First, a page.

FacebookTwitterGoogle+RedditEmail

Justin Trudeau and Canada’s Mining Industry

by

Two weeks ago police shot and killed an individual at Pacific Wildcat Resources tantalum mine in central Mozambique. The incident received some attention in Canada because community members responded by seizing the Vancouver-based company’s mine site and setting some equipment ablaze.

One protester told O Pais newspaper this wasn’t the first time someone was shot dead at the mine and another said “We don’t want to see the managers of this company operating in the mine anymore. Otherwise we will take the law into our own hands. The director of the company does not respect us, and we cannot allow someone to come and enslave us in our own country.”

In recent years Canadian mining companies have engendered a great deal of violence across Africa. In 2008 Guinea’s military killed three in a bid to drive away small-scale miners from SEMAFO’s Kiniero mine in the southeast of the country. BBC Monitoring Africa reported that “the soldiers shot a woman at close range, burned a baby and in the panic another woman and her baby fell into a gold mining pit and a man fell fatally from his motor while running away from the rangers.” Blaming the Montréal-based company for the killings, locals damaged its equipment.

To the south east the Ghanaian military opened fire on a 5,000-person demonstration against a Canadian-owned mine in June 2005. Seven of those protesting Golden Star’s pollution and refusal to compensate those impacted by its operations were hit by bullets. Backing a hardline approach to the local community, a company official called for “some radical way” to change the “mindset” of small-scale unlicensed miners in the region.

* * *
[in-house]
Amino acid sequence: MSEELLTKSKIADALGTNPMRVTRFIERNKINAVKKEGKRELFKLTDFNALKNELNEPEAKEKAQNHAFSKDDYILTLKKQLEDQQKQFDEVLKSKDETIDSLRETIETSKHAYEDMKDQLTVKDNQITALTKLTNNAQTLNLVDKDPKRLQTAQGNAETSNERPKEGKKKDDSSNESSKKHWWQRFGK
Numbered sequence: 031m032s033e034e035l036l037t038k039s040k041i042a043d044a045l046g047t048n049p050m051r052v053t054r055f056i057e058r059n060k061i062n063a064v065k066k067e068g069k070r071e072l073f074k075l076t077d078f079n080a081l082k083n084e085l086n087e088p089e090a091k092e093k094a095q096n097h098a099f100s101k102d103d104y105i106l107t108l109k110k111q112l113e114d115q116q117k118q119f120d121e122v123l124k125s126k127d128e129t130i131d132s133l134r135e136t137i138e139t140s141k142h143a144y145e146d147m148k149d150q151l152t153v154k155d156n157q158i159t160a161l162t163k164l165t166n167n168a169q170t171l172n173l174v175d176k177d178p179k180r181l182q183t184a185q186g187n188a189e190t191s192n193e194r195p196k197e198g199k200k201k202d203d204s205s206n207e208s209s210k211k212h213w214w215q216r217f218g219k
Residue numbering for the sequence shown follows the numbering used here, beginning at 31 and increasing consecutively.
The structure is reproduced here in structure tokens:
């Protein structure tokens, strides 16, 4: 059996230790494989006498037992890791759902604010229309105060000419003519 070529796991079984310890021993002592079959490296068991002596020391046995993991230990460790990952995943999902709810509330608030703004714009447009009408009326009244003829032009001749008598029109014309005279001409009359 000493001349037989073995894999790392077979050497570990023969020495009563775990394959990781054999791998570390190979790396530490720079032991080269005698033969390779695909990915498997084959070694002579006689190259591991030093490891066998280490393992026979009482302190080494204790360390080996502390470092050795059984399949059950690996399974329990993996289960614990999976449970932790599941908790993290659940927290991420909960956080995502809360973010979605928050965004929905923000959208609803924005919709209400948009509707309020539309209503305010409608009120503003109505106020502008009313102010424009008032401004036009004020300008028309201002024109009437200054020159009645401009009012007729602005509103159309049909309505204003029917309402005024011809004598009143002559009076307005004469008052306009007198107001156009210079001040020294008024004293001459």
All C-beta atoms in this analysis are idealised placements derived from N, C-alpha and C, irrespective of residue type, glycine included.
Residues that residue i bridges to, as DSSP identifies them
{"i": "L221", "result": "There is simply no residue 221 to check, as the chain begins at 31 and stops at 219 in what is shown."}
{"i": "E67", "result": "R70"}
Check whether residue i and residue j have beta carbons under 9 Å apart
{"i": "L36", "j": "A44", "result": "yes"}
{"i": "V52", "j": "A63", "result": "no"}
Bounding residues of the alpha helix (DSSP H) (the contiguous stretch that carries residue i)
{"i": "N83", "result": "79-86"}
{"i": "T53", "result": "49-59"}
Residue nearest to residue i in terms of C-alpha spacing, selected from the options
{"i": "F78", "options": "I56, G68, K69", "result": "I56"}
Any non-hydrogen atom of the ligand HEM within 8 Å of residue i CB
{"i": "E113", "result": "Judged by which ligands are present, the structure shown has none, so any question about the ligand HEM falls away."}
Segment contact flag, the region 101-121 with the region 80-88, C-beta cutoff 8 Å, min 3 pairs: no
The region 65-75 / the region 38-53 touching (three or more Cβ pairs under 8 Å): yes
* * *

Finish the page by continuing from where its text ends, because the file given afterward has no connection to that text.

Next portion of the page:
Fifteen hundred kilometers north, Mauritania’s national guard raided a peaceful protest, killing one employee and wounding several others during a July 2012 strike at First Quantum’s Guelb Moghrein mine. A release from the Vancouver company afterwards called the strike illegal, but failed to mention the death or injuries.

On the other side of the continent security guards paid by Barrick Gold (now Acacia) have killed a couple dozen villagers at, or in close proximity, to the Toronto company’s North Mara mine since 2005. Hundreds more have been severely injured by the security and police Barrick pays to patrol the perimeter of its Tanzanian mine and regularly calls on site. Most of the victims were impoverished villagers who scratch rocks for tiny bits of gold and who mined these territories prior to Acacia’s arrival.